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Just how hard is it to find talent at the end of the second round of the NBA Draft?

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Short Answer: Very Hard

NCAA Basketball: Kansas at Oklahoma Mark D. Smith-USA TODAY Sports

Now that the NBA finals are over, it’s officially draft season. Really, draft season started months ago, and for the diehards, the 2018 draft season started the moment the 2017 draft ended. But with the finals wrapping up in a disappointing but predictable sweep, even more casual fans are turning their attention to the upcoming draft.

Alas, the Thunder are going to miss a lot of the fun. As a playoff team, the Thunder would have had a relatively low draft pick, but the Thunder don’t own their pick anyways- that pick, number 20, will be conveying to the Minnesota Timberwolves as a consequence of the Enes Kanter trade. The Thunder traded that pick to the Jazz as part of the deal for Kanter in 2015, and the Jazz later traded it to acquire Ricky Rubio, who went on to help the Jazz beat the Thunder in this year’s playoffs. Kanter, of course, was no longer with the Thunder by that point, having been sent to new York for Carmelo Anthony, who was possibly the Thunder’s worst player in that series against the Jazz. Not Sam Presti’s finest moment as General Manager, to say the least.

Instead, the Thunder will be left with their own second round pick, #53, and the Boston Celtics second round pick, #57, as a result of the Perry Jones III trade. Those picks are, to put it mildly, not great. How not great? I’m glad you asked.

Between 1985 (the start of the lottery era) and 2015 (I decided to exclude the last two drafts, since there are some players in those drafts who could theoretically end up being useful NBA players who haven’t come over from overseas or left the G-league yet), 242 players have been drafted between pick 50 and pick 60 in the draft, per Basketball Reference. 47 of those players produced at least one Win Share in their NBA career. Win-shares is a stat that attempts to measure how many wins a player is responsible for- the formula is here if you’re interested in the math behind it. But long story short, your number of Win Shares is the number of wins you provided over your career.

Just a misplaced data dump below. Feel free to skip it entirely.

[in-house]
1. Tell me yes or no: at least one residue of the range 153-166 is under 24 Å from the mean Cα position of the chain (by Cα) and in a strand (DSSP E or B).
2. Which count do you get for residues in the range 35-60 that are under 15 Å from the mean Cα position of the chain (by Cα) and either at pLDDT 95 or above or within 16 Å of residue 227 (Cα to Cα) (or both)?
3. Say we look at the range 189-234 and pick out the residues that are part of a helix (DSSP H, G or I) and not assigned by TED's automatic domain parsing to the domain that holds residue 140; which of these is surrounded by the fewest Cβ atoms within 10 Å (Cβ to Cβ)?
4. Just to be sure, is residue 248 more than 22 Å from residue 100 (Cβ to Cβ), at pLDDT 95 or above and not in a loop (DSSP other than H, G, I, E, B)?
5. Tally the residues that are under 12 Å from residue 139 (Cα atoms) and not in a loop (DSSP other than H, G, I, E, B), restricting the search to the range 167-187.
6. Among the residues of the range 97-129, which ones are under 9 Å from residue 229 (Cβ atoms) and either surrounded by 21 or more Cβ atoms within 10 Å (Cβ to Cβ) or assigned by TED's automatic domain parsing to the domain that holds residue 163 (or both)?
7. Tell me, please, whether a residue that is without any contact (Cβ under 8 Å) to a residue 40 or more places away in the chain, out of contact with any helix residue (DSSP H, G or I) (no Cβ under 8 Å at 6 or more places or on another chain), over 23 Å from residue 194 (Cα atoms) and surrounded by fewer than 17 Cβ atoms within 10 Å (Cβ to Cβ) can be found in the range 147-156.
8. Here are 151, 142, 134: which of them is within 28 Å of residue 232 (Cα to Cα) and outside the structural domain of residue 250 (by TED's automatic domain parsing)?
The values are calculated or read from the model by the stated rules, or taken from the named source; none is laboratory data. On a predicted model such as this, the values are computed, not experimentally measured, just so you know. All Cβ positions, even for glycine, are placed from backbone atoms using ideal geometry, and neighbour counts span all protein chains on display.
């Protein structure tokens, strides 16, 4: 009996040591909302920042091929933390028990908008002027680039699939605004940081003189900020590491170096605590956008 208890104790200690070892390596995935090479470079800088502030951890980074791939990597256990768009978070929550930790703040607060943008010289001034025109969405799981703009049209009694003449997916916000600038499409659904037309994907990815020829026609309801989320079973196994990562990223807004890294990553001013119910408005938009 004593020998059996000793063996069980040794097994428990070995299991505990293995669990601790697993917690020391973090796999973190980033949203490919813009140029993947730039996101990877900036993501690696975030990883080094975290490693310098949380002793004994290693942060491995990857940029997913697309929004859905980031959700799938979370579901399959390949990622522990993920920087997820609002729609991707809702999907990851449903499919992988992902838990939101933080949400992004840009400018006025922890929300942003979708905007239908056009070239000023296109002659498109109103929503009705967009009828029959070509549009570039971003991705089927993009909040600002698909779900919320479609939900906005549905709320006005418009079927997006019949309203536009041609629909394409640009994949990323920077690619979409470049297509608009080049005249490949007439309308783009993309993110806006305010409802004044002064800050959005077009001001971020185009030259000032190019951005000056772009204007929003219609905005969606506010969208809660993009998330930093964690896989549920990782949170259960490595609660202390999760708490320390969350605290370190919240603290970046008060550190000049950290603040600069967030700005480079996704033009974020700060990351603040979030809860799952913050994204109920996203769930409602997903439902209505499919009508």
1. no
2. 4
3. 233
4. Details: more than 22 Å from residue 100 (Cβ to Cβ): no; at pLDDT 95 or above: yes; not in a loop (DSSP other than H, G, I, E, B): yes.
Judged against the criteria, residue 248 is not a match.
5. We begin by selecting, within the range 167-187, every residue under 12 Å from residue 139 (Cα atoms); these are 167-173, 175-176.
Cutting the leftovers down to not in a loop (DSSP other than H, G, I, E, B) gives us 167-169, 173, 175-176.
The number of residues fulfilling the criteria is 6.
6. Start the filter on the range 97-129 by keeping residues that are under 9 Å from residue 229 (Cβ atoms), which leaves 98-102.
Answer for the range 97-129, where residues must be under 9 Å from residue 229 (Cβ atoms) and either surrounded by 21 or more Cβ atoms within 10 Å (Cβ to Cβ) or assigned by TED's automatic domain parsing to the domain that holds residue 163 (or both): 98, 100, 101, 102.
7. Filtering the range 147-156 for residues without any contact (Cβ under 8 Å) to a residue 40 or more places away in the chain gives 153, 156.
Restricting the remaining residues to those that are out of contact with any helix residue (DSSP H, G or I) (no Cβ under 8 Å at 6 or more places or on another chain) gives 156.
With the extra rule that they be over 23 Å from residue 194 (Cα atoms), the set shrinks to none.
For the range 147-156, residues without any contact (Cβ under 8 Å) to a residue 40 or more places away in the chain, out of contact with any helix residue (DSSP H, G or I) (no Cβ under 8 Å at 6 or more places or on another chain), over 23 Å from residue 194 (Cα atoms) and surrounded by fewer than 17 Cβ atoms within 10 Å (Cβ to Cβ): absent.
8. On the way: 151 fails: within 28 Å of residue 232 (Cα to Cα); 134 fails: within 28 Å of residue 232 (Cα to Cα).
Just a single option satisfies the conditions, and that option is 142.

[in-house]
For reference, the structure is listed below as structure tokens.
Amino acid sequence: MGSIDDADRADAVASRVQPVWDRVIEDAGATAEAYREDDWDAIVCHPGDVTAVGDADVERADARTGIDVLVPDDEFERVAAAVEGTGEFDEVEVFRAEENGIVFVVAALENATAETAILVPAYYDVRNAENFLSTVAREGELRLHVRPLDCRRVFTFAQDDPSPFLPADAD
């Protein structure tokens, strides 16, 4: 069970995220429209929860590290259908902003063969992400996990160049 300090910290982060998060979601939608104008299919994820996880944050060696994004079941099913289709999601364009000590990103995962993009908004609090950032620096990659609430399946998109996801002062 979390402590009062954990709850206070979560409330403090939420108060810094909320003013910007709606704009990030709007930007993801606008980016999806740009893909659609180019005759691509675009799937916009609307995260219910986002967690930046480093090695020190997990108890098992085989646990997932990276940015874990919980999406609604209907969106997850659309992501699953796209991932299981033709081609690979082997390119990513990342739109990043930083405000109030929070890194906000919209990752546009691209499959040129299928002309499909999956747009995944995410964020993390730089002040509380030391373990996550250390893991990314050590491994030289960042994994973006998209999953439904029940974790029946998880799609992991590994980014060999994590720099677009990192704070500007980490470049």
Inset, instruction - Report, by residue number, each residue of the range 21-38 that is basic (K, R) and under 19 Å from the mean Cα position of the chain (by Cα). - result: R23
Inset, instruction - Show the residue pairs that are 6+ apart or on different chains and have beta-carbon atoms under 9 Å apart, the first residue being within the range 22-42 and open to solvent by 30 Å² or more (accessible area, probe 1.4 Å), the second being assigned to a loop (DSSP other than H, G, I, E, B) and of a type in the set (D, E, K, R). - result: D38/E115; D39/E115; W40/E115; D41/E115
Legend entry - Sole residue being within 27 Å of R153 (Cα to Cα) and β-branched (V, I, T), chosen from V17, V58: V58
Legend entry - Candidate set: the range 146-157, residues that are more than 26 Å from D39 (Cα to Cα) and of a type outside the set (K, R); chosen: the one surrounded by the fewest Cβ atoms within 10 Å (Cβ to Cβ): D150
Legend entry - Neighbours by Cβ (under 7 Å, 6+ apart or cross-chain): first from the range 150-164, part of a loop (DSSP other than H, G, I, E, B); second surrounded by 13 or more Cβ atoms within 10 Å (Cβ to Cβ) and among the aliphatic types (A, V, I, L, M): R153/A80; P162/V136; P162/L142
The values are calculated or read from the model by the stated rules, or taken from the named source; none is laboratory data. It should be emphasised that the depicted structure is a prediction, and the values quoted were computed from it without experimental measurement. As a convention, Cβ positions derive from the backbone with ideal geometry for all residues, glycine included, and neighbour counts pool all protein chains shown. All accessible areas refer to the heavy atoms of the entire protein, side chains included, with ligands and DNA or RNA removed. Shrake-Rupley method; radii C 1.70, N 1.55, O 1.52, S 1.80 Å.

Again, 47 of 242 players managed at least one Win Share, meaning the remaining 195 did not — 195 players drafted at the end of the second round weren’t even worth one win during their entire careers. (A full 120 of those players never made the NBA at all- either they never came over from Europe or were on a training camp or summer league roster but never actually stepped on the court for a real NBA game.) For context, 11 members of the Thunder had at least one win share last season, including sparsely used rookie Terrance Ferguson. To sum it up, 80.5% of the players drafted between picks 50 and 60 never helped an NBA team in their entire careers as much as Terrance Ferguson did last season.

Yikes. Only 23 of the players drafted with those picks have more than 10 win shares per Basketball reference (a couple still-active players, such as the intriguing young James Ennis and former Thunderite Joffrey Lauvergne, might end up reaching that mark as well). Among those names are a bunch of solid role players — Ramon Sessions, Lavoy Allen, E’Twaun Moore, Rasual Butler, Patty Mills, Steve Kerr — and a few guys who made all-star teams- Isaiah Thomas, Kyle Korver, and the patron saint of late draft picks, Manu Ginobli.

This is the challenge before the Thunder: trying to find that Ginobli needle among a haystack of players who will probably never play a second in the NBA. Sam Presti has a well-deserved reputation for drafting, but that’s based on his success drafting in the first-round. In the late second round he’s had far less luck. His most recent selection that late was Dakari Johnson, who remains a question mark at best. Back in 2010, he drafted Magnum Rolle, then traded him for Ryan Reid. Neither player ever played a minute in the NBA, a fate shared by 2008 pick Devon Hardin. That’s not a knock on Presti- it’s just proof of how difficult it is for even a GM with a reputation for being a strong scout to find anything of value late in the second round.

Presti does have two bites at the apple (or maybe you could call it Swiss cheese) this year, so maybe the Thunder do get lucky. Even if they do find a valuable NBA player with one of those picks, it will most likely be years before that player can actually contribute to winning basketball. That’s not necessarily a bad thing, but it does mean that these selections are unable to help OKC in the short term — and the short term is of high importance for OKC with a superstar who’s about to turn 30. OKC still has avenues to improve the team around Russell Westbrook, but this draft isn’t one of them.


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